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29 Pilate therefore went out to them, and said: What accusation bring you against this man? 30 They answered, and said to him: If he were not a malefactor, we would not have delivered him up to thee. 31 Pilate therefore said to them: Take him you, and judge him according to your law. The Jews therefore said to him: It is not lawful for us to put any man to death; 32 That the word of Jesus might be fulfilled, which he said, signifying what death he should die.

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33 Pilate therefore went into the hall again, and called Jesus, and said to him: Art thou the king of the Jews?

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34 Jesus answered: Sayest thou this thing of thyself, or have others told it thee of me? 35 Pilate answered: Am I a Jew? Thy own nation, and the chief priests, have delivered thee up to me: what hast thou done?

Ver. 35.  It pleased God, that Christ, who was to die both for the Jews and the Gentiles, should be betrayed by the one, and put to death by the other.  B.


36 Jesus answered: My kingdom is not of this world. If my kingdom were of this world, my servants would certainly strive that I should not be delivered to the Jews: but now my kingdom is not from hence. 37 Pilate therefore said to him: Art thou a king then? Jesus answered: Thou sayest that I am a king. For this was I born, and for this came I into the world; that I should give testimony to the truth. Every one that is of the truth, heareth my voice.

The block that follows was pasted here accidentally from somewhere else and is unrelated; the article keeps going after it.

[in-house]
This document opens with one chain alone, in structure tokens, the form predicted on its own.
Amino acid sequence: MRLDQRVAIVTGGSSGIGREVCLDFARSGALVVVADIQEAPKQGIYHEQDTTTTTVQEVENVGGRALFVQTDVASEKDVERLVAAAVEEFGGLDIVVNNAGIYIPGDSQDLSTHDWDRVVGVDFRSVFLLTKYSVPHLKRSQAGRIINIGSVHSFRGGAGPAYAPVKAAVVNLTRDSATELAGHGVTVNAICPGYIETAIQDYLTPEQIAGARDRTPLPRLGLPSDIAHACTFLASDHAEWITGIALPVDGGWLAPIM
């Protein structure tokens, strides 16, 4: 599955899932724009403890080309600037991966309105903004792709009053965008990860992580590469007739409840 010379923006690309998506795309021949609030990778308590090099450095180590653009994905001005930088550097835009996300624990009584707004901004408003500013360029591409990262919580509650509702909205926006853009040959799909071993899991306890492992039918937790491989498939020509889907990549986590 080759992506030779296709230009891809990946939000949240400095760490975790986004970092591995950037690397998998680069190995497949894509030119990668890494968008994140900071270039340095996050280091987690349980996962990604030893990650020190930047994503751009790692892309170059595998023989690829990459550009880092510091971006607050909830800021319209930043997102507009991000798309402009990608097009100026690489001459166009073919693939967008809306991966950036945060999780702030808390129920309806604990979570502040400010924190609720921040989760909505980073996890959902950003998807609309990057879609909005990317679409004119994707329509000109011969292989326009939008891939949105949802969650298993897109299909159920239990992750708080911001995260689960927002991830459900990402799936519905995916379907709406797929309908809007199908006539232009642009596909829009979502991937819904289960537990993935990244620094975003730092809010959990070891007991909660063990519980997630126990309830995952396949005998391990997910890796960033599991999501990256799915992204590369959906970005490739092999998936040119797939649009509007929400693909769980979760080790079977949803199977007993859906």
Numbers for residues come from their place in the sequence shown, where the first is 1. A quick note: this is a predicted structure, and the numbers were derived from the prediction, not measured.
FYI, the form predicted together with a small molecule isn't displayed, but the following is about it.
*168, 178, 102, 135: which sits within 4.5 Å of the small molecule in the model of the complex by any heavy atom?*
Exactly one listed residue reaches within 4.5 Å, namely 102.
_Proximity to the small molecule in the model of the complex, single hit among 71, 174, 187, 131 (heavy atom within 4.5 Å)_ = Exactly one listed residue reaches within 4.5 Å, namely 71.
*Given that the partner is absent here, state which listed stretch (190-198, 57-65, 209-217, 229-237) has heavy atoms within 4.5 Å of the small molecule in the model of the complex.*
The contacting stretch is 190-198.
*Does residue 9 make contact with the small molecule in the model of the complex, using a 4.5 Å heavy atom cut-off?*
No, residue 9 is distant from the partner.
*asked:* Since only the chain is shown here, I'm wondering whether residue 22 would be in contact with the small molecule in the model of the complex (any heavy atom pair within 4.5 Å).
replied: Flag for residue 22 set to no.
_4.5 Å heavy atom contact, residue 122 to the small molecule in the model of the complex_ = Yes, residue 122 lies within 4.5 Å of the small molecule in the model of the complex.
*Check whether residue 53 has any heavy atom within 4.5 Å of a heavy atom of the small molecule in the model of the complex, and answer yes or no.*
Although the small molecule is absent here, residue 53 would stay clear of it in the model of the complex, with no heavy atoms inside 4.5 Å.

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38 Pilate saith to him: What is truth? And when he said this, he went out again to the Jews, and saith to them: I find no cause in him.

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39 But you have a custom that I should release one unto you at the pasch: will you, therefore, that I release unto you the king of the Jews?

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40 Then cried they all again, saying: Not this man, but Barabbas. Now Barabbas was a robber.